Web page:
Sunday Morning Round-Up: Alice, Quentin, and Murder Mysteries

Your one-stop shop for the week’s most interesting bookish news and reviews

Wrinkly Old Alice

Print Collector/Getty Images
Print Collector/Getty Images

Alice’s Adventures in Wonderland was this week celebrated for having reached its 150th anniversary.  Yes, that’s right, the now iconic novel was published 150 years ago on 2nd August, 1865.  So to celebrate, of course, The Telegraph have questioned whether it’s an “innocent fantasy or dark and druggy” – hmm, I’m not sure if matters either way, so long as it’s an entertaining and enjoyable read!  There are celebratory events going on all over the world but alas, I’m not attending any (although if anyone has spare tickets…), and here is a great list of quotes from the book to get you in the mood!

An Interview with Quentin Blake

Quentin Blake
Quentin Blake

The illustrator most famed for his work with Roald Dahl, has illustrated over a massive 300 books to date and has most recently been working with actor and comedian David Walliams.  He has spent time working with The Nightingale Project, a charity that works to put art into hospitals and Blake has produced work for several hospitals in both London and France.  Quentin Blake’s work is so distinctive and so integral to many, many people’s childhoods that it’s no wonder he’s reached an almost legendary status.  I’m not much of a star-gazer but if anyone could make me star-struck, I think Quentin Blake could do it!  Here he is talking about my favourite thing: books!

Cosy Killings

A Cosy Murder Mystery
A Cosy Murder Mystery

Crime drama: cosy little mystery with a puzzle to solve – Agatha Christie style; or gritty, violent, and bloody drama – Karen Slaughter style?  Despite modern propensity for more guts and gore, it appears that the former crime drama style is making a bit of a comeback.  Joseph Knobbs of Waterstones talks to The Guardian about how people are increasingly looking for something lighter and perhaps more fun, if crime dramas can ever be fun.  Either way, I’m not a big fan of murder mysteries – I get frustrated if I guess ‘who-dun-it’ because it’s too easy, and I get frustrated if I don’t guess ‘who-dun-it’ because I don’t like to lose!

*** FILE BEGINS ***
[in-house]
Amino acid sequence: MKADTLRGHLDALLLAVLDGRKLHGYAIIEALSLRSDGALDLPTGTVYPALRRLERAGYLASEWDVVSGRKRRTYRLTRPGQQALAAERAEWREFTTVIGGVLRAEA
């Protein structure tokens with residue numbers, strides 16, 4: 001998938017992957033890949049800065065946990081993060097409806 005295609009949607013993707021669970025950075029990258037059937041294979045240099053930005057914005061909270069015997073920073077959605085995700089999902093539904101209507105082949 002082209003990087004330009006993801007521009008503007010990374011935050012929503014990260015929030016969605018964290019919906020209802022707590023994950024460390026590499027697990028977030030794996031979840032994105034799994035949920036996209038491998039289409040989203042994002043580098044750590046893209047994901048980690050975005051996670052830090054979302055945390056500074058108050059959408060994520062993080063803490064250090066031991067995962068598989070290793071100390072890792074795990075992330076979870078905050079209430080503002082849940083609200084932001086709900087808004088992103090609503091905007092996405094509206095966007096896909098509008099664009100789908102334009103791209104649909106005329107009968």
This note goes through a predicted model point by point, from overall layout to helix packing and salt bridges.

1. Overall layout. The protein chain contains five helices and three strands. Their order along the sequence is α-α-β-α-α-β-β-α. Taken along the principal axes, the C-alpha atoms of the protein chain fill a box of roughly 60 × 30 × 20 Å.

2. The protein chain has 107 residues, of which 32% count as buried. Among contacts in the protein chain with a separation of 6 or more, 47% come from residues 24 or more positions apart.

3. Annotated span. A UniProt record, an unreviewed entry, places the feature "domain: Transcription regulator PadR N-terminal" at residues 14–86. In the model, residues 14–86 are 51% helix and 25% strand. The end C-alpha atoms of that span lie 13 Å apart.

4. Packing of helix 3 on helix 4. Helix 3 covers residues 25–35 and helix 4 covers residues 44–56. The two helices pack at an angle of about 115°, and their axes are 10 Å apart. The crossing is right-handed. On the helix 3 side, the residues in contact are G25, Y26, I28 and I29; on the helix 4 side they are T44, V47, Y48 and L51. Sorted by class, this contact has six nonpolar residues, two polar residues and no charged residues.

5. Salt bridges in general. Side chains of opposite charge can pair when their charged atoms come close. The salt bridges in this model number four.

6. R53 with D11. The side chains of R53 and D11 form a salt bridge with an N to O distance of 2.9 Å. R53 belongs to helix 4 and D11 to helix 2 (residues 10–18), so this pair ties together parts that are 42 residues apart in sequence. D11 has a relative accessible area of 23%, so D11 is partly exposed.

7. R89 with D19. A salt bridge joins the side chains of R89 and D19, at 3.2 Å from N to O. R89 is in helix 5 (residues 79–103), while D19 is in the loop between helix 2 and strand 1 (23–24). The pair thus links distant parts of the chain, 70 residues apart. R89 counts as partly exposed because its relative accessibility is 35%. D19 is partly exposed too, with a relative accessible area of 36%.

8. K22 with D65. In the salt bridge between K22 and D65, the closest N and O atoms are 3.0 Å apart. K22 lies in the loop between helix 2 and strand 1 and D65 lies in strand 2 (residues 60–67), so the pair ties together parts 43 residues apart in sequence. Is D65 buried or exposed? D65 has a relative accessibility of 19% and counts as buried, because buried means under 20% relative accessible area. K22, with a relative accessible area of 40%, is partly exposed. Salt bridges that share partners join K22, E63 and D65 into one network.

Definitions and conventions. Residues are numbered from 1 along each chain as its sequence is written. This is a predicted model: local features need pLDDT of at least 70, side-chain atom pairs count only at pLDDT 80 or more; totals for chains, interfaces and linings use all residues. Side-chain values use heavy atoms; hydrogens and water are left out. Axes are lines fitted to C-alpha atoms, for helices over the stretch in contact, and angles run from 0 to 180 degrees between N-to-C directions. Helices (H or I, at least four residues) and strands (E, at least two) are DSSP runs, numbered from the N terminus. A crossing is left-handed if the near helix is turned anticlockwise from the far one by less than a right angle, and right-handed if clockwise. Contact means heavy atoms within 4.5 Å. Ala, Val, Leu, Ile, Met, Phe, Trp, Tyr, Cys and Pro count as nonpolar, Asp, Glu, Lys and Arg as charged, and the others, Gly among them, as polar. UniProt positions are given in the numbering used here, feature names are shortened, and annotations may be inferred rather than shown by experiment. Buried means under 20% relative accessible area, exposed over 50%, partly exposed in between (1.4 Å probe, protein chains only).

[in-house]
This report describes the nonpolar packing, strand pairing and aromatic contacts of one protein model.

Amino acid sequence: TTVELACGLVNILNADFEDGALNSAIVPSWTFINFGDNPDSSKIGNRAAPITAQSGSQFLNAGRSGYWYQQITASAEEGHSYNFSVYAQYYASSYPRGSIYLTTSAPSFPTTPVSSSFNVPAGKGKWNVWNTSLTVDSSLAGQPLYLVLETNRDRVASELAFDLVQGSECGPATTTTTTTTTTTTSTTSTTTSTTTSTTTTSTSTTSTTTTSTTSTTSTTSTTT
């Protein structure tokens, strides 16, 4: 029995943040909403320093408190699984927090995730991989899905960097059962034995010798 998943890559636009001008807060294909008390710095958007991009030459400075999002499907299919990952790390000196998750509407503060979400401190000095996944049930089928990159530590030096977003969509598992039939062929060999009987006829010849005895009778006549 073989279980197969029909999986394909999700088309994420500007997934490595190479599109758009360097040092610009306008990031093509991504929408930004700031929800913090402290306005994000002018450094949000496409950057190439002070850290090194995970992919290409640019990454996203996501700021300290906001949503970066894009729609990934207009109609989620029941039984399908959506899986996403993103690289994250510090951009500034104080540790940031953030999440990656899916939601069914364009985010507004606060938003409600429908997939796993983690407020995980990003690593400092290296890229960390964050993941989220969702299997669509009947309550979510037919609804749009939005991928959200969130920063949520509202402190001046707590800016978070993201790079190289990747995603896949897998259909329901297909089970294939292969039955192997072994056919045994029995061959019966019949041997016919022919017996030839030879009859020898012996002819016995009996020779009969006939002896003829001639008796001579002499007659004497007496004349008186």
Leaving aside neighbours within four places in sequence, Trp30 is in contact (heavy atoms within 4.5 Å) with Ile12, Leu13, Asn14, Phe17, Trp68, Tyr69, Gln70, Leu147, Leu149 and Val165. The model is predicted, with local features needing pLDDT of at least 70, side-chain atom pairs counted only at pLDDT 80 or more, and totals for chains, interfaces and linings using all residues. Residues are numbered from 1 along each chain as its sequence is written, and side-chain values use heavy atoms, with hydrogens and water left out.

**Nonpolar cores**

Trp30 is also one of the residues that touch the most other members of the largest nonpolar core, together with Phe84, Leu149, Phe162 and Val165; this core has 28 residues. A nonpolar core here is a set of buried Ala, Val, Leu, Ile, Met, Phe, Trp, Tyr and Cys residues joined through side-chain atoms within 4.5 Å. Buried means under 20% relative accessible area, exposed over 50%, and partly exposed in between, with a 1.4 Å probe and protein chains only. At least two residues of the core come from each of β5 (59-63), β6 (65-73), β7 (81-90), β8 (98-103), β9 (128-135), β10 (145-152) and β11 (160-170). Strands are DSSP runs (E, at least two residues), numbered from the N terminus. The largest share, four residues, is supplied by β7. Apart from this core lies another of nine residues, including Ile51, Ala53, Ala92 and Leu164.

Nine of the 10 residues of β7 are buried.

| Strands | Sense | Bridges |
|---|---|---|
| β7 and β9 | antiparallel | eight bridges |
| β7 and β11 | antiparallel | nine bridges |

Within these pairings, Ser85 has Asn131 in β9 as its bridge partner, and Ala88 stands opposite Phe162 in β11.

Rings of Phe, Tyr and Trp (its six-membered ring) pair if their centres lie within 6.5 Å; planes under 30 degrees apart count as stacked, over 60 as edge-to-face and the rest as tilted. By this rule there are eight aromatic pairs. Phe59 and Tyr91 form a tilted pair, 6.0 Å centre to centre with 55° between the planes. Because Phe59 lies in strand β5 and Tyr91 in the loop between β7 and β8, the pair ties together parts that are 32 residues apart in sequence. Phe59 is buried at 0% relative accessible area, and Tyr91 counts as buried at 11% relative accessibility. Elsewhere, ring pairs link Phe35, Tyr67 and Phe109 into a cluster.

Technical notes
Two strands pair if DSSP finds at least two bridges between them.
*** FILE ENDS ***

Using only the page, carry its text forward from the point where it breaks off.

Boring Goody-Two-Shoes

imagesVirtuous characters in fiction are boring.  That’s the statement debated by two writers this week in The New York TimesThomas Mallon, arguing in favour, talks about the joys of going to hell for company (unless your Sartre, of course), whilst Alice Gregory discusses how being good is at odds with the world in general, thus making it an intriguing character trait.  It’s an interesting debate, but I can’t help but find myself inclined towards Mallon’s case.  Regardless of what it says about me, I’d far rather read darker books about bad people, than happy books with ‘good’ characters.  What do you think?

World-Changing Books

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This week, The Guardian published a list of ten books that have changed the world.  For the most part, the list makes sense – non-fiction books that have had a massive influence on the world, but I can’t help but feel they’ve got a few things wrong.  Such as the fact that they’ve included the Complete Works of Shakespeare.  Not that Shakespeare isn’t hugely influential, of course.  It just seems a bit of a cheat to me as it’s more than one book!  There should also be a place made for the dictionary/encyclopaedia.  Whilst not the first dictionary*, Johnson’s Dictionary, published 15th April 1755, has to be the book that has had the most influence of all books, literature, and people in general since its publication.  Do you agree?  What are your top ten books that have changed the world?